A New York State Administrative Law Judge has held that a taxpayer cannot claim trade or business losses for embezzled funds that she repaid, and could not receive the benefits of loss carryback provisions. Matter of Hanna Shin, DTA Nos. 822869 and 822992 (N.Y.S. Div. of Tax App., Nov. 24, 2010).
In 2007, the taxpayer pled guilty to grand larceny, and admitted stealing funds from her employer during 2004 through 2006 by created false invoices and diverting payments due the employer to companies controlled by the petitioner or an accomplice. She also kept for her own use additional funds paid by a client and intended for her employer. Under the terms of a plea agreement, she was required to make restitution to her employer, and to file amended federal, state, and local income tax returns for 2005 and 2006, and original returns for 2007. In January 2008, she filed an amended NYS return for 2005, showing additional adjusted gross income and additional tax due. She then filed, in October 2008, a second amended return, seeking a credit or refund and claiming a net operating loss carryback from 2007, based upon “restitution to pay back fees,” as well as increased Schedule C expenses, including expenses for supplies, meals and entertainment, consultants, travel, and formal wear.
The Division denied the refund claim and disallowed petitioner’s deduction of the repayments, finding that she was not entitled to a Claim of Right credit for the repayment of the embezzled funds, and that they were not allowed as business expenses under IRC § 162. The Division also denied the additional business expenses for lack of supporting documentation.
The ALJ upheld the Division’s denials. He noted, first, that petitioner failed to qualify for any Claim of Right deduction under IRC § 1341, which requires a taxpayer to restore in the taxable year an item that was included in a gross income under a Claim of Right in a prior taxable year. Although a taxpayer who embezzles funds must include those funds in gross income under IRC § 61, such income is not included under a Claim of Right for purposes of § 1341.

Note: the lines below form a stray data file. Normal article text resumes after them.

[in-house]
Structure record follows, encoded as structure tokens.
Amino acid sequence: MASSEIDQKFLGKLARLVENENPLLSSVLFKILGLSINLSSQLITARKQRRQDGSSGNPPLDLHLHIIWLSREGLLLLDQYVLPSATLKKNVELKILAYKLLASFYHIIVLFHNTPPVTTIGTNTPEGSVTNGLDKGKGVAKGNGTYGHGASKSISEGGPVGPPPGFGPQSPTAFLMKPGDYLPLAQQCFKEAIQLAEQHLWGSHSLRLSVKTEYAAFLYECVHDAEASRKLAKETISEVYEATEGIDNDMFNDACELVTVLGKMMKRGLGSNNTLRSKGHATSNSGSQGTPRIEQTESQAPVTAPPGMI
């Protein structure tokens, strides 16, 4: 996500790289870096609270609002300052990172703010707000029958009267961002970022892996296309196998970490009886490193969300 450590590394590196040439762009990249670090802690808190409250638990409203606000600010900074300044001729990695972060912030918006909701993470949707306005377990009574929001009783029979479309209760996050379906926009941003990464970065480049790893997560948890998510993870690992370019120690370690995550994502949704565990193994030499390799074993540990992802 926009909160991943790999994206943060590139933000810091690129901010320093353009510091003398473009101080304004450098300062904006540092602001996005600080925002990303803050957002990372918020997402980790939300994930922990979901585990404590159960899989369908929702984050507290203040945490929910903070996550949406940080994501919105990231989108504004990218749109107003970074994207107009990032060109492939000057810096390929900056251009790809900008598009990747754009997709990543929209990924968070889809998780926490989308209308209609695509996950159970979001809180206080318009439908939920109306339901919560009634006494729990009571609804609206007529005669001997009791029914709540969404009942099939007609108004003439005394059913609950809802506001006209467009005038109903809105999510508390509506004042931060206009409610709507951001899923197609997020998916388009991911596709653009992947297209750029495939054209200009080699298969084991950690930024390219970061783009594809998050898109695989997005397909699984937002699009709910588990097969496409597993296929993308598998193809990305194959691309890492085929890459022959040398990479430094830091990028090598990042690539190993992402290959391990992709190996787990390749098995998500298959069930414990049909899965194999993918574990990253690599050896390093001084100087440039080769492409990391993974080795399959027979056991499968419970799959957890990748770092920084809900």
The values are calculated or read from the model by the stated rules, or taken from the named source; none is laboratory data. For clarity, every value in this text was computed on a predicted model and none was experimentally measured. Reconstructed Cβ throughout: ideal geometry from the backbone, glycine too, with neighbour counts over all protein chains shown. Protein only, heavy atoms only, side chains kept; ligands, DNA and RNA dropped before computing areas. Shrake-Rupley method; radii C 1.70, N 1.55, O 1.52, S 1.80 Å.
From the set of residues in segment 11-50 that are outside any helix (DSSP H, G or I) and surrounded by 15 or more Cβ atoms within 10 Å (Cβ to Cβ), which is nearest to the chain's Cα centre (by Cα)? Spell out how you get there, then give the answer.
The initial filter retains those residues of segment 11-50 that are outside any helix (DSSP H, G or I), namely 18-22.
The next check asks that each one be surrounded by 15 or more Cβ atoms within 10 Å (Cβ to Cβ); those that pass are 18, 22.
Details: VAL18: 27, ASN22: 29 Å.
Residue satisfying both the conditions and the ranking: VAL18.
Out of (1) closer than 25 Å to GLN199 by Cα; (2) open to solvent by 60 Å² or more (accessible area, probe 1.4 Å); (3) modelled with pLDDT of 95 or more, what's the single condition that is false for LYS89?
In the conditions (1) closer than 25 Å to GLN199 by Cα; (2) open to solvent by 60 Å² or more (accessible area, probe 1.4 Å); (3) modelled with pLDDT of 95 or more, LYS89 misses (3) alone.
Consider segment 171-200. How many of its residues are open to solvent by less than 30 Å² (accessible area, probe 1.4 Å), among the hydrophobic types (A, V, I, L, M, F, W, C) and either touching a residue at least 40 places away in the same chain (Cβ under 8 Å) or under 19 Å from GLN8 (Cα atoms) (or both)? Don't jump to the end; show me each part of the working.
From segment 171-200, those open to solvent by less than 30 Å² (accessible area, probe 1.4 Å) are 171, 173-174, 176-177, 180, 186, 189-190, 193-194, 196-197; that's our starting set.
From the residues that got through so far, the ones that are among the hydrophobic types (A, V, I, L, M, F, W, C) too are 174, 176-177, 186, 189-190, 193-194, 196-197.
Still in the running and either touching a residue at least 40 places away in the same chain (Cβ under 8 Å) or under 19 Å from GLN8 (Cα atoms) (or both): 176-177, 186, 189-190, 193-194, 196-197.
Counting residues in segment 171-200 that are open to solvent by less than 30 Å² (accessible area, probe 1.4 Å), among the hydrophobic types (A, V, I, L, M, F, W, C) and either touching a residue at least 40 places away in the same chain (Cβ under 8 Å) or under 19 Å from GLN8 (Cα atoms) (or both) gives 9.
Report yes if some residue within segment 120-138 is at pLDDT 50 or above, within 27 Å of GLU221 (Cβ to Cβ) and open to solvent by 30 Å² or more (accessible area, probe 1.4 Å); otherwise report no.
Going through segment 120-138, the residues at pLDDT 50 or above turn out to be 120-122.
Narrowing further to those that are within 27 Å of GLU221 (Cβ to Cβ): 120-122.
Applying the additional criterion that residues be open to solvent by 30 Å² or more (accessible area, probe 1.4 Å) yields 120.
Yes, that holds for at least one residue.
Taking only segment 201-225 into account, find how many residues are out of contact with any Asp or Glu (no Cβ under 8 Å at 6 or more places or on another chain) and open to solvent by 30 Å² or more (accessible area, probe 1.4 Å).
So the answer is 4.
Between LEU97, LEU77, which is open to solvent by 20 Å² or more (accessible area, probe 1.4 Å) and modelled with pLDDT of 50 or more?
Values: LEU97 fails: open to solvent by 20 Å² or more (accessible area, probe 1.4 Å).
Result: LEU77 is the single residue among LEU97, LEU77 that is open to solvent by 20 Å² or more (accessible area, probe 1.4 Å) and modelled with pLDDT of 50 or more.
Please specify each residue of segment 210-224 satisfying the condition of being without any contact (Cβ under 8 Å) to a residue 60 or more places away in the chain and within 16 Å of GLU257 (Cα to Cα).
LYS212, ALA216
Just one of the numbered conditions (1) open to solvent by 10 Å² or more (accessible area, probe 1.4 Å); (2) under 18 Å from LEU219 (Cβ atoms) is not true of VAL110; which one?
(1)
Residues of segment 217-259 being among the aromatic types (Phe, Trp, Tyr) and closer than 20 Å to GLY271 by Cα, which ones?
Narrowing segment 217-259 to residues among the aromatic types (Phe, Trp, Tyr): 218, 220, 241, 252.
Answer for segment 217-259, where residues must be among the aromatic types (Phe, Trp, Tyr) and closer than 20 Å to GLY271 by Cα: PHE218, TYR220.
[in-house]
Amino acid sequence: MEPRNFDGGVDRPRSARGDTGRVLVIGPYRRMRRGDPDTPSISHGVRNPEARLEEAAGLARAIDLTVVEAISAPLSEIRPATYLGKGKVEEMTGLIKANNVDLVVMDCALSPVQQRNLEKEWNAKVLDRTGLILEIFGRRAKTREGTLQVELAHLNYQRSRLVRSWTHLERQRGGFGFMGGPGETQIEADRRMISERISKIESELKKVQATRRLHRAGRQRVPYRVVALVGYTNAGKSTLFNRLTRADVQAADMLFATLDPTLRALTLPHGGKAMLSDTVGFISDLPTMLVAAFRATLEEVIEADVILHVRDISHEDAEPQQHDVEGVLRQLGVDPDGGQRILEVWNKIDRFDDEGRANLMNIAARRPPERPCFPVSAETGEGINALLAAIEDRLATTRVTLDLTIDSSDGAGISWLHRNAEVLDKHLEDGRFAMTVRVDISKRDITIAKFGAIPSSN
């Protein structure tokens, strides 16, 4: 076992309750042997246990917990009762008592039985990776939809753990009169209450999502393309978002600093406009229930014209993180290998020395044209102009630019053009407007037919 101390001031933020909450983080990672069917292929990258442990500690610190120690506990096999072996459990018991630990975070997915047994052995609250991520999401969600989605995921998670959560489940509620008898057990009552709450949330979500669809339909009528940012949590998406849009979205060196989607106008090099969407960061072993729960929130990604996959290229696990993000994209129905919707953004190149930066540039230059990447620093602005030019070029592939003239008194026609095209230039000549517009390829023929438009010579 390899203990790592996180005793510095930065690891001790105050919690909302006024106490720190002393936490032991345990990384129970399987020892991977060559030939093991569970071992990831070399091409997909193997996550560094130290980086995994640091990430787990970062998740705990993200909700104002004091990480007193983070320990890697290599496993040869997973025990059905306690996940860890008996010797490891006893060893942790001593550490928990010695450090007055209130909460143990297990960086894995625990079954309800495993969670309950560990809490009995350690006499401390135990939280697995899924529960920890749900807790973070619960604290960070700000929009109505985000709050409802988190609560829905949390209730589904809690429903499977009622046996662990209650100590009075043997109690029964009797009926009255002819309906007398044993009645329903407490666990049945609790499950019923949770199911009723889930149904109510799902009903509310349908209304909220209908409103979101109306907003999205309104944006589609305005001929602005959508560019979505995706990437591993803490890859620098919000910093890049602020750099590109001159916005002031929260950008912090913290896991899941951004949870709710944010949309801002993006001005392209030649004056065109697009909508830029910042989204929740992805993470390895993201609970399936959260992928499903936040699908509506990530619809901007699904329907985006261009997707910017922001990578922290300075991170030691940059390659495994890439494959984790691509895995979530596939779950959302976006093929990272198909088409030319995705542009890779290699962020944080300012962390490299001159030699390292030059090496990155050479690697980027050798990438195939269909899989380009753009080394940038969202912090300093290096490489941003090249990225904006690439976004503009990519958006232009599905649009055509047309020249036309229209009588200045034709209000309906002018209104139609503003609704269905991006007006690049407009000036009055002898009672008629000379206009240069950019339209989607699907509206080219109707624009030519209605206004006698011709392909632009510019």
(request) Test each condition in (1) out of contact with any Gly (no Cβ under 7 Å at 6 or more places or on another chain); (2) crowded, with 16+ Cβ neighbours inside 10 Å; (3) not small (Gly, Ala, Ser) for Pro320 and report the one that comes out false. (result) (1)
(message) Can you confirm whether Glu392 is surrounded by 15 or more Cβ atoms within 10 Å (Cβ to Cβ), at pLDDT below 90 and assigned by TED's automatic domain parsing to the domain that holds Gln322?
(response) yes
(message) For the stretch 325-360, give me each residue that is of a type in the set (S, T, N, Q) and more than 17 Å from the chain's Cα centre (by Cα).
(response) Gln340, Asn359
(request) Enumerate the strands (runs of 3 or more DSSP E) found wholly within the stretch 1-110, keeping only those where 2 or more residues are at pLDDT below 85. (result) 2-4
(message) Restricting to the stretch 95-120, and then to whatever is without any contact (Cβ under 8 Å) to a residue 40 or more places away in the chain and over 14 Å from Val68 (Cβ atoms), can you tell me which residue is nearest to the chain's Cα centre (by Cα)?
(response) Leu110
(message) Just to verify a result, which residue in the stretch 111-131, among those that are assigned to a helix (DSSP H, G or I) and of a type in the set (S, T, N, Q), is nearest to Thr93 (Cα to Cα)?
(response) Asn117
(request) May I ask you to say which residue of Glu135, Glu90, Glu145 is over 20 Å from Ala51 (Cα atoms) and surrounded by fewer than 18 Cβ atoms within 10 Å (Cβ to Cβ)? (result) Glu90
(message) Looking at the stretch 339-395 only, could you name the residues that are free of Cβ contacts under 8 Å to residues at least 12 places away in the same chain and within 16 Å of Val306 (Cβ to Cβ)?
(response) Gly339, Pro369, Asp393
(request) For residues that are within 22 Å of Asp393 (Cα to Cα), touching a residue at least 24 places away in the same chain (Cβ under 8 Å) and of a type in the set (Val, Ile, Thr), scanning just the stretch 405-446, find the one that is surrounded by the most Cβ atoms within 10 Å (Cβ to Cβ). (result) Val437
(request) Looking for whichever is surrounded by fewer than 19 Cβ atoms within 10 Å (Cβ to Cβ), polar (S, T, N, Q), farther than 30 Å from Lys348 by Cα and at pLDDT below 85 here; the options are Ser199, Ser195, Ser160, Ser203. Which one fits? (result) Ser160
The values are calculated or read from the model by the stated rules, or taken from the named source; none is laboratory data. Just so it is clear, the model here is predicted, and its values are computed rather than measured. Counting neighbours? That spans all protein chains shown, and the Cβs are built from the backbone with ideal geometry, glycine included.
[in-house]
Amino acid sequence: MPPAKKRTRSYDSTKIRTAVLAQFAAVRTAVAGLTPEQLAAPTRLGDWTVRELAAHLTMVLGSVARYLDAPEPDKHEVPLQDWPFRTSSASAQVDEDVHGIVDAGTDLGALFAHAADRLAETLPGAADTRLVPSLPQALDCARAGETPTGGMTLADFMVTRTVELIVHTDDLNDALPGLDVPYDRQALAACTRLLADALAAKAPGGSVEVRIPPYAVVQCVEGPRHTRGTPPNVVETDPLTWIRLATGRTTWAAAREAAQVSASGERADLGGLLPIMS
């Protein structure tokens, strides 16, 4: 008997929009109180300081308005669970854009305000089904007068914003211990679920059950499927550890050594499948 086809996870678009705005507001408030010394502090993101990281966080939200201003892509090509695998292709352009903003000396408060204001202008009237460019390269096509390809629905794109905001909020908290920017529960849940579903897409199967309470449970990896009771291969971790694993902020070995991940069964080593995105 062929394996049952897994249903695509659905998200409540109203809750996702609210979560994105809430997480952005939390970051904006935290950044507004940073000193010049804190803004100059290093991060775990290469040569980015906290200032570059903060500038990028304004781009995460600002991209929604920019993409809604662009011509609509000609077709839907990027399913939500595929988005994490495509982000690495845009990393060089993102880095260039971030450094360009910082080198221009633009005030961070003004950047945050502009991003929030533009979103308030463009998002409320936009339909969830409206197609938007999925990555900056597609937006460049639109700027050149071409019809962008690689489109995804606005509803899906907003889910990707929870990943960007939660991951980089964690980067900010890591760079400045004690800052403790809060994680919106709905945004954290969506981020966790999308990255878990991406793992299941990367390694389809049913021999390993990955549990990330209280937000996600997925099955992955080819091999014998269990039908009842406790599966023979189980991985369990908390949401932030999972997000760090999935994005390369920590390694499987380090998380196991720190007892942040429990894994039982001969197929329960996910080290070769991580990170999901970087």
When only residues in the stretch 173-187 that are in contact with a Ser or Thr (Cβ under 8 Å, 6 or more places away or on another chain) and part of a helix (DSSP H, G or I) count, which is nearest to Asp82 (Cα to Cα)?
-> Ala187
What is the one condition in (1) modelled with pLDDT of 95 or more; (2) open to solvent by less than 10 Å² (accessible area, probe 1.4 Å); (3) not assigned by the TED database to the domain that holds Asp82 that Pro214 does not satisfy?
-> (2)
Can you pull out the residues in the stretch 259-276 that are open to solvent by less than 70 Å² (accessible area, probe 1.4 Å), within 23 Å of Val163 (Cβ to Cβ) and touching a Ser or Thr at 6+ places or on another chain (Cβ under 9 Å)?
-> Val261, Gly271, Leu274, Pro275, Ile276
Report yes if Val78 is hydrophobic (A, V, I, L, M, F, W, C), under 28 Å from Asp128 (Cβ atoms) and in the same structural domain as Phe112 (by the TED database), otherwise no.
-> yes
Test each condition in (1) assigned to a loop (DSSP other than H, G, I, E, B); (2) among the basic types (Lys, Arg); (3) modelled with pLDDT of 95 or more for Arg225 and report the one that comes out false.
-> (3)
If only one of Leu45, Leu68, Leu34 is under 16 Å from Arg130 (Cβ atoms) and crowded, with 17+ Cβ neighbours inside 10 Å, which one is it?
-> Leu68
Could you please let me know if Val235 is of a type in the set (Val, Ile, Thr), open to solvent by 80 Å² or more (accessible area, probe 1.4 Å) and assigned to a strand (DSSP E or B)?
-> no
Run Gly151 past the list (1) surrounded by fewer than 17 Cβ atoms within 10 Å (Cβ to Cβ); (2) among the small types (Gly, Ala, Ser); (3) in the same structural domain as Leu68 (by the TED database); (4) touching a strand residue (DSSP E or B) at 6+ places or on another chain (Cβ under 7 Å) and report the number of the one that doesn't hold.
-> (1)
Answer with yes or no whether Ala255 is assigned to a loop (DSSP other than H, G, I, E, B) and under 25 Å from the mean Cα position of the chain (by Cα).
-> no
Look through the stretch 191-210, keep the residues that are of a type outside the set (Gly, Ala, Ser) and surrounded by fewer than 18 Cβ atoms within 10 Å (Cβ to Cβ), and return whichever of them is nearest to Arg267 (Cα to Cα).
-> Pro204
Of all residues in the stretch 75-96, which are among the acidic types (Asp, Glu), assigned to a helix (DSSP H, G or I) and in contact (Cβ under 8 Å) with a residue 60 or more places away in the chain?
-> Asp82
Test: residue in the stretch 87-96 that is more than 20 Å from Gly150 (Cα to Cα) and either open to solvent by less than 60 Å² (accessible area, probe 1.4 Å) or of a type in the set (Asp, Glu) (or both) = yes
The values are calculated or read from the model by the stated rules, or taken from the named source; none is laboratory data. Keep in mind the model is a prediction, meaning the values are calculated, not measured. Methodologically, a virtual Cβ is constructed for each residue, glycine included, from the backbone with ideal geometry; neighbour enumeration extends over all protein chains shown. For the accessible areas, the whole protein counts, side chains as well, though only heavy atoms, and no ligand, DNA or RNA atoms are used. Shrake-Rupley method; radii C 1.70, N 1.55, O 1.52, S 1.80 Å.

The ALJ also found that there was nothing in the record establishing that the petitioner was engaged in a trade or business during the years of embezzling. In her plea agreement, she admitted to using the business name she created to submit false invoices to her employer’s customers in order to divert funds to herself, but failed to establish any activity that could be considered the carrying on of a trade or business that would allow her to deduct business expenses under IRC § 162(a). The ALJ also agreed with the Division that the petitioner failed to substantiate the additional claimed business expenses or to explain how the claimed expenses were related to her alleged business.
In order to claim the benefit of the Federal Claim of Right doctrine under IRC § 1341, a taxpayer must restore in the taxable year an item that was included in gross income under a claim of right in a prior year, defined by Treasury Regulation § 1.1341- 1(a)(2) as an item included in gross income because it appeared from all the facts available in the year of inclusion that the taxpayer had an unrestricted right to such item, and that it was established after the close of the prior taxable year that the taxpayer did not have an unrestricted right to the item in question and had to make restitution. It does not apply to situations resulting from theft or embezzlement, and the ALJ noted that this “‘claim of wrong’” rule denying the benefits of IRC § 1341 has been applied “in a variety of contexts involving intentional wrongdoing.” Furthermore, since “embezzlement” is not a trade or business, repayment of embezzled funds cannot be deducted as trade or business losses under IRC § 162(c)(1).
In order to claim the benefit of the Federal Claim of Right doctrine under IRC § 1341, a ta xpayer must restore in the ta xable year an item that was included in gross income under a claim of right in a prior year, defined by Treasury Regulati on § 1.1341-1(a)(2) as an item included in gross income because it appeared from all the fa cts available in the year of inclusion that the ta xpayer had an unrestricted right.